Saudi prince and Putin urge Opec+ compliance

Common goal: The Organisation of the Petroleum Exporting Countries logo is pictured at its headquarters in Vienna. Saudi Arabia and Russia say it’s important for oil-producing countries to continue cooperating and abiding by their agreements for the benefit of everyone. — AFP

DUBAI: Saudi Arabia’s de facto leader, Crown Prince Mohammed Bin Salman, and Russian President Vladimir Putin urged other Opec+ oil producers to stick with agreed production cuts, as energy prices come under renewed pressure from an acceleration in coronavirus cases.

The two spoke on Tuesday, reviewing efforts to balance supply and demand in the oil market and boost the global economy, the official Saudi Press Agency (SPA) said.

They “agreed on the importance of all oil-producing countries to continue cooperating and abiding by the Opec+ agreement to achieve these goals for the benefit of both producers and consumers, ” according to SPA.

With new coronavirus outbreaks in Europe and the Americas weighing on demand, many in the market question whether Opec+ will increase output by two million barrels a day from January as part of a plan to taper cuts started in May.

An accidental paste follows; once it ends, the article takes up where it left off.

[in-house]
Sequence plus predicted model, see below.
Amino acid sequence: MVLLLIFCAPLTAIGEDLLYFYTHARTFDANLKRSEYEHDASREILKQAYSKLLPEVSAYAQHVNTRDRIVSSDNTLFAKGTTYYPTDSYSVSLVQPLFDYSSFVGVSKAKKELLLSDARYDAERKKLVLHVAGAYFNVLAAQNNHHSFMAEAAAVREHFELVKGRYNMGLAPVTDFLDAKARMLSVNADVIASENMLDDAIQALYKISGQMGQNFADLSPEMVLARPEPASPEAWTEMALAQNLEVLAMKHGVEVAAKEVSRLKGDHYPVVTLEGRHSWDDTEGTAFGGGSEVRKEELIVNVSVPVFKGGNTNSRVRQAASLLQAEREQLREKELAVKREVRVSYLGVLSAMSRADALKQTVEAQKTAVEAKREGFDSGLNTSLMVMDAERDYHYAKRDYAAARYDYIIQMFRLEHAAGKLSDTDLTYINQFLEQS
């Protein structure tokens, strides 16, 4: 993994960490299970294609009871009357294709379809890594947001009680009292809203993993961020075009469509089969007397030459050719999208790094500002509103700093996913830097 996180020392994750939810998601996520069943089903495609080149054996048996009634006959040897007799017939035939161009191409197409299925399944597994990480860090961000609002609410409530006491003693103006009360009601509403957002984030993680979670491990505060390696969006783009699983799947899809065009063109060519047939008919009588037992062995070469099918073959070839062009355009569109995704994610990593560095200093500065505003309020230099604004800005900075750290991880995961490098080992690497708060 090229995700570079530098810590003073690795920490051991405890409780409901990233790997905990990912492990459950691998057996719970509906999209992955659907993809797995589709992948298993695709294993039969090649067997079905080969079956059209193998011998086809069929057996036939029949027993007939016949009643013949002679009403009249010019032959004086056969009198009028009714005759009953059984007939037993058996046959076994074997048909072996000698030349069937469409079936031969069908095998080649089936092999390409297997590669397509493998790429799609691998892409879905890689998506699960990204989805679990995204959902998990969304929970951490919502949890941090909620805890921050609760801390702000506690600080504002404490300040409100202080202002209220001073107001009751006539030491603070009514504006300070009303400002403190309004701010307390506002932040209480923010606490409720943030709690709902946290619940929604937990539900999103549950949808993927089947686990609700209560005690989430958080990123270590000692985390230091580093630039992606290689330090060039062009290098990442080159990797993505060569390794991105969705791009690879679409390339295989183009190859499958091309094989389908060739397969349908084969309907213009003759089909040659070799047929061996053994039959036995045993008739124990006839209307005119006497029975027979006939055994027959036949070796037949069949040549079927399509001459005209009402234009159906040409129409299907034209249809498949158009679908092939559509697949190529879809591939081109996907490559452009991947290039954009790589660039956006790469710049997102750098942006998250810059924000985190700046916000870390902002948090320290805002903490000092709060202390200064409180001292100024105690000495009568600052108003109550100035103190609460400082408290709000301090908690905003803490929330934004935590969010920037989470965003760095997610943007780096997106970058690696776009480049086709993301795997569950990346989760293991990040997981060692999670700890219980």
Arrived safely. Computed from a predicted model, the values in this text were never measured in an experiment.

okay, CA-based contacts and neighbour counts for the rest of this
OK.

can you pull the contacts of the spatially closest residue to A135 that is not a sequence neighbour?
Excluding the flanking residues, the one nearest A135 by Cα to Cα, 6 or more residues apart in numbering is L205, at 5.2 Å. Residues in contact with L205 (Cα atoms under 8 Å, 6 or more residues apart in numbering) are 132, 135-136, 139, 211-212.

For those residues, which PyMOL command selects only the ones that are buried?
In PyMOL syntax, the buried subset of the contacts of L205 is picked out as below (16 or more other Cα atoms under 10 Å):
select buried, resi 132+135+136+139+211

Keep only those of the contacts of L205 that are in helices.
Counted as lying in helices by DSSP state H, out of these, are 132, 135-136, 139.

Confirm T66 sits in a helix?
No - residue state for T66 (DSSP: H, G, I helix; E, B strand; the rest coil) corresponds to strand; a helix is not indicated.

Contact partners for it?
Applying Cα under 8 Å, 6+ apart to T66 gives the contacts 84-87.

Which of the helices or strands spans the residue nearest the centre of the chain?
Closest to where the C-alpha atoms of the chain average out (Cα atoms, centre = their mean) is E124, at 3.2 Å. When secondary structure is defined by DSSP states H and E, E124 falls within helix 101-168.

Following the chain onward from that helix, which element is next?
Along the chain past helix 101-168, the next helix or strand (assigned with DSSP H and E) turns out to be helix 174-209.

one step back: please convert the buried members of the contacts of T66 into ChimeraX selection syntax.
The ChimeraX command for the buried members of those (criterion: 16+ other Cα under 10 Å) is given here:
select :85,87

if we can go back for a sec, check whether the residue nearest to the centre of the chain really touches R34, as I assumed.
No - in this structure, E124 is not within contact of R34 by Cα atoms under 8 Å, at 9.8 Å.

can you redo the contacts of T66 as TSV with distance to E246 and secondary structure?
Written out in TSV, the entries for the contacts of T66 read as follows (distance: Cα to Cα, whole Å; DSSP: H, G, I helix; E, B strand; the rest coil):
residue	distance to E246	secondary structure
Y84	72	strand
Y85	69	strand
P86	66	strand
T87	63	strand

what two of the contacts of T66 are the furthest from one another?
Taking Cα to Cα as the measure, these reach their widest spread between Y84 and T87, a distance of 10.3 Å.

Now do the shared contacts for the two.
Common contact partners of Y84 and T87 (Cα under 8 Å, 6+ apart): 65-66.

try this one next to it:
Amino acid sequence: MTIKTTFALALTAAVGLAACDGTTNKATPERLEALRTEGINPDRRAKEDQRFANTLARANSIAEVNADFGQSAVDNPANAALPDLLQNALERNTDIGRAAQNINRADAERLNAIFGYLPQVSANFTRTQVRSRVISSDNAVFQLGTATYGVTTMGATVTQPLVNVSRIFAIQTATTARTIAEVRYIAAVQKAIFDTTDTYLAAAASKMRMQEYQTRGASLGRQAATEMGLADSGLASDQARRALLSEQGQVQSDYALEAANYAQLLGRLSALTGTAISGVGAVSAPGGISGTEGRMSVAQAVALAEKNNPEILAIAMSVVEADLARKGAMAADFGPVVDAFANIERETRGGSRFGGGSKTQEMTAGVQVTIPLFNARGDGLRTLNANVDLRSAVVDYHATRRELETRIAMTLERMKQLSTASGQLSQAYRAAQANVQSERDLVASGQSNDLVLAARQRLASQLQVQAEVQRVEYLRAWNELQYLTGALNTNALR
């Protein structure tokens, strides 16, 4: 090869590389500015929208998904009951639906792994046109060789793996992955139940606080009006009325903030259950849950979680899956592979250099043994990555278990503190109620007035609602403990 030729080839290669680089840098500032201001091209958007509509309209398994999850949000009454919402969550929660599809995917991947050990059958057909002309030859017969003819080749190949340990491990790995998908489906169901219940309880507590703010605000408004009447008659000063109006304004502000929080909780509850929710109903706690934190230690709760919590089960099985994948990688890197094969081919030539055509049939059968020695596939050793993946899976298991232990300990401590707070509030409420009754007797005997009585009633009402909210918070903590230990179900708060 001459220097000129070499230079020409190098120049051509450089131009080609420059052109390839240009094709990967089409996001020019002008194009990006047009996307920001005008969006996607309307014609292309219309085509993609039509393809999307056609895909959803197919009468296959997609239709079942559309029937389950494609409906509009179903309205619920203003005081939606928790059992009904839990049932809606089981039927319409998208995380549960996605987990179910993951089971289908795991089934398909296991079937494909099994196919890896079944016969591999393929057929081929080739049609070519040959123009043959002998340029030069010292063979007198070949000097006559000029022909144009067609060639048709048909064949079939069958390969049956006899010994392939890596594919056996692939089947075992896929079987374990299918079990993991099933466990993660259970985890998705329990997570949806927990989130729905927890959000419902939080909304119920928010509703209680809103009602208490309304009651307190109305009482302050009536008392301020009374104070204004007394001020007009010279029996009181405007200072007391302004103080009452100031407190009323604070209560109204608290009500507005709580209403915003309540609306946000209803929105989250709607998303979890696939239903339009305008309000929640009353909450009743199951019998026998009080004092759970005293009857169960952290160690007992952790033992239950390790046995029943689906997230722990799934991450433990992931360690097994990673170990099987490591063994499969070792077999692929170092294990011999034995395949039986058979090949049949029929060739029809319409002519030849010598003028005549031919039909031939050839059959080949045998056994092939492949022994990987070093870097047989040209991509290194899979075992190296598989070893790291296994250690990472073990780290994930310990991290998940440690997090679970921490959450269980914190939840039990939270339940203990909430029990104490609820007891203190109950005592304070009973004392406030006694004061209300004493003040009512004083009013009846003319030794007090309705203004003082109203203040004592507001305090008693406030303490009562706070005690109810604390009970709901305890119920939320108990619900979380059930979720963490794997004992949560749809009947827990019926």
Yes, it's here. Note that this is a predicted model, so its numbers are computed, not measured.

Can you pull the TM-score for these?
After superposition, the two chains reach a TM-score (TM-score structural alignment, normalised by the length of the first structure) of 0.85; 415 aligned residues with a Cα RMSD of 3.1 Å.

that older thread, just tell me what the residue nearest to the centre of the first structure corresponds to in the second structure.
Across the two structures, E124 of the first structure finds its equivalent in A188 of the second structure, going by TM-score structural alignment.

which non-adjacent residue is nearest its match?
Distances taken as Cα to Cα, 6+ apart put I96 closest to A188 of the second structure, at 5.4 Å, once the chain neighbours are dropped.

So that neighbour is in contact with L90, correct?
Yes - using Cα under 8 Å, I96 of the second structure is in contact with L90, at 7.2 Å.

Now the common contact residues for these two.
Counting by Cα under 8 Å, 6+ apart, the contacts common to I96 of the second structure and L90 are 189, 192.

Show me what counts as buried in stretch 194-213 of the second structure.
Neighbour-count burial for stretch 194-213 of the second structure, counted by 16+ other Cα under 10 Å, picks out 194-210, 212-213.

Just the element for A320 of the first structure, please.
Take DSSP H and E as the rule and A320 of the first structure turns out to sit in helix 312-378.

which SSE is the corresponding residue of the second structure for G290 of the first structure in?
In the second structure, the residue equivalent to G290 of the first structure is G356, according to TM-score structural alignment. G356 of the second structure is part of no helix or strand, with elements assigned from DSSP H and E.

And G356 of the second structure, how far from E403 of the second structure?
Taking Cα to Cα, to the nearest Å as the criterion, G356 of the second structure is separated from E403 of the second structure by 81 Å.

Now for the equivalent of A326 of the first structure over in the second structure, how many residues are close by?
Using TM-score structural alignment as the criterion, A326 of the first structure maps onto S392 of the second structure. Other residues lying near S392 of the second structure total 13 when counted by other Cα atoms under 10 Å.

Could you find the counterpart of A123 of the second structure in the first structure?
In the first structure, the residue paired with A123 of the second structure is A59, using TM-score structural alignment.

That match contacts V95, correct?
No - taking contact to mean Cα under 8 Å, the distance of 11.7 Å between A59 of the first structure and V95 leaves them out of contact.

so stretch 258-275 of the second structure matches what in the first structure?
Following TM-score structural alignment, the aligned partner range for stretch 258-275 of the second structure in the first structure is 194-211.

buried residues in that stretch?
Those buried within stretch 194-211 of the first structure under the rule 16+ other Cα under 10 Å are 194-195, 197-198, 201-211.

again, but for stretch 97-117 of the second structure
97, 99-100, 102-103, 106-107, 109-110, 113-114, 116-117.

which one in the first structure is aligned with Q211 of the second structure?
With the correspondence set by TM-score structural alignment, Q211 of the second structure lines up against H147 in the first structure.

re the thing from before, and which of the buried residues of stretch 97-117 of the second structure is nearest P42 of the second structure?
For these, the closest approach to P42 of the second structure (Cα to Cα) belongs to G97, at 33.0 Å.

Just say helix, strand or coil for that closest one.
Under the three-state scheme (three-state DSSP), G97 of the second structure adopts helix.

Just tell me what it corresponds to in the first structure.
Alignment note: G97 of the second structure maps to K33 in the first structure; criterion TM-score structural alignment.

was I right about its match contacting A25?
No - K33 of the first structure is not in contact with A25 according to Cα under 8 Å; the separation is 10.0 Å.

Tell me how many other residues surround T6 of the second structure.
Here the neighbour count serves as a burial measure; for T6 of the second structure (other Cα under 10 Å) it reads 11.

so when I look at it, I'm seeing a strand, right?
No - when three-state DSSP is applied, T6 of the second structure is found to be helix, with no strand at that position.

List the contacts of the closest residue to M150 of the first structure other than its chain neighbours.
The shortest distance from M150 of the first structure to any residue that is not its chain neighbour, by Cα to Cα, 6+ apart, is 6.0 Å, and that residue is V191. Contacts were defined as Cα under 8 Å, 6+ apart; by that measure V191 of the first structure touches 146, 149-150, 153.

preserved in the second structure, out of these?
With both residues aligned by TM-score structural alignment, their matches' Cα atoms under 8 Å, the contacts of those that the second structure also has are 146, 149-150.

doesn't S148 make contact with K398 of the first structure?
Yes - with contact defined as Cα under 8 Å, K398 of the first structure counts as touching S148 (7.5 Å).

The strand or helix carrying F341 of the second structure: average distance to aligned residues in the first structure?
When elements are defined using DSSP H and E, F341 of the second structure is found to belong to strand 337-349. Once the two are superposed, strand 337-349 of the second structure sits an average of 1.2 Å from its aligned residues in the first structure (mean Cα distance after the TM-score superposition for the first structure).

The group – an alliance of the Organisation of the Petroleum Exporting Countries and others such as Russia and Mexico – is set to decide its policy when all members meet on Nov 30-Dec 1.

While oil prices have more than doubled since Opec+ began curbing supplies – initially by almost 10 million barrels a day – Brent crude is still down 36% this year at around US$42 a barrel.

Several Opec+ nations have breached their quotas at various stages in the past six months, including Iraq, the United Arab Emirates, Nigeria and Angola.

Saudi Arabia and Russia, the leaders of the alliance, have sought compensatory cuts from them.

It’s getting tougher for producers to stick to supply caps with their economies under so much strain, according to Tarek Fadlallah, the chief executive officer of Nomura Asset Management’s Middle Eastern unit.

“The pandemic has persisted for much longer than had been anticipated in March or April, ” Fadlallah, who’s based in Dubai, said in an interview with Bloomberg Television yesterday.

“Oil supply has been relatively constrained by the agreement that Opec+ has worked so hard to maintain.

“But it’s increasingly difficult for member states to keep to those quotas as they come under intensifying fiscal pressures.”

Tuesday’s phone call, also reported by the Kremlin, came before a small group of Opec+ ministers are scheduled to review compliance with production cuts on Oct 19. — Bloomberg

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